Veganism is indispensable for meaningful environmental action, but we require more than just veganism. If the world goes vegan, but we continue to burn coal, drive cars, and overpopulate the earth, in the end it won’t matter. Degrowth represents a valid framework within which vegans can both educate themselves about the new issues which they need to address, and seek to find a place in a broader movement for radical social change. When people understand that veganism is a necessity for a sane world, they will be able to address the need for radical social reorganization.

4 thoughts on “Degrowth and Veganism

  1. Noelene Sanderson

    As a citizen of a country the government of which is placing its entire emphasis on the greatest possible economic growth regardless of all else, relying almost entirely on its eggs-in-one-basket dairying industry, factory-farming – with a nod towards tourism, it does seem that it’s most definitely the people themselves who must make every possible move towards simple living, with care for others, the environment, animals…..and hopefully it is being gradually forced upon us, as financial hardship, unemployment, callous systems and policies make it increasingly difficult for many to cope. With water becoming more and more polluted, foods and drinks becoming less and less ‘normal’, healthy or safe, more people are trying to become more self-sufficient, growing food, using the cheaper public transport and so on. We cannot rely on current governments to take the urgently-needed steps. We must somehow sidestep their outmoded systems and blinkered assessments and judgments. I like the concept of Maitreya’s group, Share-International(.org), based in London, that a method is required whereby each country would declare its wealth and resources beyond its own needs(!), and a system of redistribution devised – i.e Justice and Sharing towards ALL people being the only way to end conflict and wars, and start to work together. (I’m not guessing what time-frame would be required to bring that plan to fruition!)

    Reply
    1. Keith Akers Post author

      Your country is New Zealand, right? In addition to livestock, the United States (and Colorado, where I live) has a lot of fracking. Also banking seems to be big. The most destructive businesses, or the most useless, are the ones that provide the most jobs. What is wrong with this picture?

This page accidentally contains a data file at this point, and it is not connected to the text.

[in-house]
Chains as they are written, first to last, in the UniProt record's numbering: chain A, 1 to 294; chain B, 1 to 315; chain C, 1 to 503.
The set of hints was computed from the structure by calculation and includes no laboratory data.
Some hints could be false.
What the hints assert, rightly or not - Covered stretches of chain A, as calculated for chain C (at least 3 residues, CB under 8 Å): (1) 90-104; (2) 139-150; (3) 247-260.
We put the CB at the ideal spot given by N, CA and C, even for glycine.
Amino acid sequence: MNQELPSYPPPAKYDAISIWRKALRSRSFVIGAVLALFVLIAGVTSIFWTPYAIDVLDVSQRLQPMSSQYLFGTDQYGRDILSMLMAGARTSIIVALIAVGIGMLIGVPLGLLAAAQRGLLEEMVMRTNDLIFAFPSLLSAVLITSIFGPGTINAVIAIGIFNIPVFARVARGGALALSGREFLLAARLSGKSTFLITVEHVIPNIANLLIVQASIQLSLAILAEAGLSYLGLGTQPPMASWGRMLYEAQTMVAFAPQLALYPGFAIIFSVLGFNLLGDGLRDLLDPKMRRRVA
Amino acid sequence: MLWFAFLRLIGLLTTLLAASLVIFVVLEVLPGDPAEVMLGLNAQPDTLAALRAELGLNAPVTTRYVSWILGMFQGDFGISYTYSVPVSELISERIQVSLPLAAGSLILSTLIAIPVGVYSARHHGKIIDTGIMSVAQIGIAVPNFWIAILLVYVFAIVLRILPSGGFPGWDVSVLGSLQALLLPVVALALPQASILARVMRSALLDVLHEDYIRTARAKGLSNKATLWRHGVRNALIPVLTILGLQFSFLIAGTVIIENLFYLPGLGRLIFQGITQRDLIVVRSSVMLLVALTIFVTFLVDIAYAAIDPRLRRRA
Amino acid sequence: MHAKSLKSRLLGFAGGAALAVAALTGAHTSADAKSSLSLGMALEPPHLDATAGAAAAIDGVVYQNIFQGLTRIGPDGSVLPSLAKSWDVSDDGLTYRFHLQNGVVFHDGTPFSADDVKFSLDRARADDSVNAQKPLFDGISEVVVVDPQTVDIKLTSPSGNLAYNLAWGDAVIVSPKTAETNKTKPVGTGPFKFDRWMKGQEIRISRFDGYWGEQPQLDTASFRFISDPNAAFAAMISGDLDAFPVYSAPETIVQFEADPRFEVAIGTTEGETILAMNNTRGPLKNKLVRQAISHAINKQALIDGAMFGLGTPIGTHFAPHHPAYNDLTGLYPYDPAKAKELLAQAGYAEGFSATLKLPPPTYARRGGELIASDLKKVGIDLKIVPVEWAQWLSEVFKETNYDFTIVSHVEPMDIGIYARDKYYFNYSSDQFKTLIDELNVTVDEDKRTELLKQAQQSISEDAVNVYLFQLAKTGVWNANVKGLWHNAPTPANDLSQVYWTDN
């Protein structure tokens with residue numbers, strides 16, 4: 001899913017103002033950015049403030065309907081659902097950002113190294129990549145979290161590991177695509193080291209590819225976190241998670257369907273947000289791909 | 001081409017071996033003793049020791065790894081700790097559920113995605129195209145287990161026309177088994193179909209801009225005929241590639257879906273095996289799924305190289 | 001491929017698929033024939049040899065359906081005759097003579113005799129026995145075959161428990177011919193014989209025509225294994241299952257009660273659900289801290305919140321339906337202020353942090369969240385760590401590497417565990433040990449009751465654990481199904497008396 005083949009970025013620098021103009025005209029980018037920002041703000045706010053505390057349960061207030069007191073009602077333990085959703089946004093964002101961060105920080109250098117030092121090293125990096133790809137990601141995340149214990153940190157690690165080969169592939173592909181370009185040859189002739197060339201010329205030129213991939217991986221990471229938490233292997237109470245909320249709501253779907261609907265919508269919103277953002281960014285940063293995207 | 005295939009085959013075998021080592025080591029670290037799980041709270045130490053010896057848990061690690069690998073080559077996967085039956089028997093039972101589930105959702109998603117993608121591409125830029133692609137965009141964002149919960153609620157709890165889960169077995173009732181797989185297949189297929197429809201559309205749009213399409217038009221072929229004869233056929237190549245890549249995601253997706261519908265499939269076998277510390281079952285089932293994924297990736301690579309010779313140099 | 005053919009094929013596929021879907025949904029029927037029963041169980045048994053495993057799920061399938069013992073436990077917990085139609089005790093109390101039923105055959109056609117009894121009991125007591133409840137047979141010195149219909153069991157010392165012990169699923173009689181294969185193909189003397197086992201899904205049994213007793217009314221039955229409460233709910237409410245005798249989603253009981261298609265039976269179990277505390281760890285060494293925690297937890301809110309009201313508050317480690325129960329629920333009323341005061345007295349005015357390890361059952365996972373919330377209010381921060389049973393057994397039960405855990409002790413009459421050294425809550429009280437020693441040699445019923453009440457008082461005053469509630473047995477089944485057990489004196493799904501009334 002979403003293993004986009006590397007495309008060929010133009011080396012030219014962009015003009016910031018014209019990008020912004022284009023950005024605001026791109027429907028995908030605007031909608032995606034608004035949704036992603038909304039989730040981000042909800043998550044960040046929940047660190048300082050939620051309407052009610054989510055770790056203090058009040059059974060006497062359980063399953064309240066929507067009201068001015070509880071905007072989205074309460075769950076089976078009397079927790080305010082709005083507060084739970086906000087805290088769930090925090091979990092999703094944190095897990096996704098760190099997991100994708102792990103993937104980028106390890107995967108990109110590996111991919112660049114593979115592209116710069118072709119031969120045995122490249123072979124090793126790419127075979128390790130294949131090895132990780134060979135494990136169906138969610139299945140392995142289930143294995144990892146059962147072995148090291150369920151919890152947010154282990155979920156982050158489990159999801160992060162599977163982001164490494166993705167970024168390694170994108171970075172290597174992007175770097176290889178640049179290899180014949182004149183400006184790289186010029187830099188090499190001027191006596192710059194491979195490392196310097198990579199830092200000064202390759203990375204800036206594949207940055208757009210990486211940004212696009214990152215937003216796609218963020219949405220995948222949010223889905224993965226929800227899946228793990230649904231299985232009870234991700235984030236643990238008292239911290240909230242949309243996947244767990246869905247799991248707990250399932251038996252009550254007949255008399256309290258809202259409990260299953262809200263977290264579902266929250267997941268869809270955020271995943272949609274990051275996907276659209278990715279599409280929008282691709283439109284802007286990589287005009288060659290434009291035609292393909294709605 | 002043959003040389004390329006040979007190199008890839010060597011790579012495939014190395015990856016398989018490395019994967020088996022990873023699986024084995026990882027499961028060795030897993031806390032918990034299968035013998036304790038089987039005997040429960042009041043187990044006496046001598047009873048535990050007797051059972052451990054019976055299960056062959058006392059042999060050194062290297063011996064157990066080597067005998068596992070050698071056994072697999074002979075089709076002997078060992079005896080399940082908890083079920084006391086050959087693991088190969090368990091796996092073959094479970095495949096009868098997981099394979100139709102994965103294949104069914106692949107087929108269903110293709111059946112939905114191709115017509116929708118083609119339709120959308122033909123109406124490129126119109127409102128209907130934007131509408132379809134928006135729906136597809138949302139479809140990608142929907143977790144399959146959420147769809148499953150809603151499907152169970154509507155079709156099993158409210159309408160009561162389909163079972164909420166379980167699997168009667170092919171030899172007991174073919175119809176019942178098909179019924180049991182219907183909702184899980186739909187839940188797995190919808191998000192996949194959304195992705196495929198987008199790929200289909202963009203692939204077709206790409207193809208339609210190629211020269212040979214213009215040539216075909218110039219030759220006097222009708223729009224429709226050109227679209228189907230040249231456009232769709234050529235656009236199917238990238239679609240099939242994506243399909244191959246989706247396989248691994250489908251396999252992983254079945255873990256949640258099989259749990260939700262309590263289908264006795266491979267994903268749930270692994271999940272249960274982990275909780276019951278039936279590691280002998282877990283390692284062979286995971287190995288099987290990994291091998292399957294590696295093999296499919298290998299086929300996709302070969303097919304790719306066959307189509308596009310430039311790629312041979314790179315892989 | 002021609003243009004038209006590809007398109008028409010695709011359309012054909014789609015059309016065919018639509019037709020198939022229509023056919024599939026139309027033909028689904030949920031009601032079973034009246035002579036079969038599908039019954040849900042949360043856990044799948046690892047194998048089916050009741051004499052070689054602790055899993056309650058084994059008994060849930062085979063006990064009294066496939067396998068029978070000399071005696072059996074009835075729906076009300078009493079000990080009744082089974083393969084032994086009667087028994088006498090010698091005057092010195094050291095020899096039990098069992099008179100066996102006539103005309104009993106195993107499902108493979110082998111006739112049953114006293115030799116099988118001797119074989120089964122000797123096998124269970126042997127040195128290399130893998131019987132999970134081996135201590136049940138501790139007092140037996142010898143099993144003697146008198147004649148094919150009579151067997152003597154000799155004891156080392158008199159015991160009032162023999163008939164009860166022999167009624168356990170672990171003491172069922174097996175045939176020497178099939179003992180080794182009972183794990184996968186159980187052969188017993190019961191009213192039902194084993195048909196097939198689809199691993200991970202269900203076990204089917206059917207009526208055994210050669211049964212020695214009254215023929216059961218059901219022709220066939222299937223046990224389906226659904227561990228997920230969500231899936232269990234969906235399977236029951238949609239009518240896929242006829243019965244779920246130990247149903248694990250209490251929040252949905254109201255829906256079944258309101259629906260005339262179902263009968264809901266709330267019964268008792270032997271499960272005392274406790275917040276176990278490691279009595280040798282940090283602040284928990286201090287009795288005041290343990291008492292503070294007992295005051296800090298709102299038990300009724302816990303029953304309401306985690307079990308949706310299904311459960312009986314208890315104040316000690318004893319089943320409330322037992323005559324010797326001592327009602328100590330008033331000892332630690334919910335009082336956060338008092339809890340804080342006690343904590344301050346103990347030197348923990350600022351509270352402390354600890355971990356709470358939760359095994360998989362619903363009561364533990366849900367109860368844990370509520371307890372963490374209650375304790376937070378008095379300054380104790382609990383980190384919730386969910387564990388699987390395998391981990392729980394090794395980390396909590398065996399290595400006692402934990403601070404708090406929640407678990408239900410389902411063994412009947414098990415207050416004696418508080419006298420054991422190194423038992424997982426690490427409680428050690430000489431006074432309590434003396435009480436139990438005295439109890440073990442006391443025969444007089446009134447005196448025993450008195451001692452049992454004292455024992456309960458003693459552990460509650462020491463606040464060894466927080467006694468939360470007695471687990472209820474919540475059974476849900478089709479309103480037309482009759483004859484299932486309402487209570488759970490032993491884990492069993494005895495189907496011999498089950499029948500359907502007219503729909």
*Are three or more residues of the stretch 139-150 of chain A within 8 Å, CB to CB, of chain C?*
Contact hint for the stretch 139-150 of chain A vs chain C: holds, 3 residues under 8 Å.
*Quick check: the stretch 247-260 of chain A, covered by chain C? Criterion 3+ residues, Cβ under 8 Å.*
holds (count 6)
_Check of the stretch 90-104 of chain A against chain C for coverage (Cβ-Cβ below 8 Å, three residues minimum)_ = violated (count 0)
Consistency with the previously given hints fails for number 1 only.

You are right that we cannot rely on governments to save us. That is why I am excited by the Degrowth movement, and wondering how it took me so long to realize what it was or even that it existed. In time cultural change and growing awareness will hopefully lead to constructive political change.

      Reply
  2. allister

    …thanks for your comments – you are right about the addiction to “growth” – it seems they don’t understand the idea of “sustainable” – which takes into account the ecosystem and the “limits to growth” – the “carrying capacity”. Much of the problem is that since the great depression – governments are completely scared of anything BUT growth….recession is terrifying to elected governments that depend on reelection – and also the threat/competition with foreign regimes (ie the communist). The paradigm has thus been about “growth” – instead of understanding “sustainability” which has the long term nature of the economy as its basis. One economic theory that embraces sustainabilty is Steady state economics – this system is all about sustainability of what the economy is “capable” of considering all the limits of the environment.. I believe all our problems are technolgical in nature, and thus science and technology can solve them. The world needs a more thorough assessment for things to be done.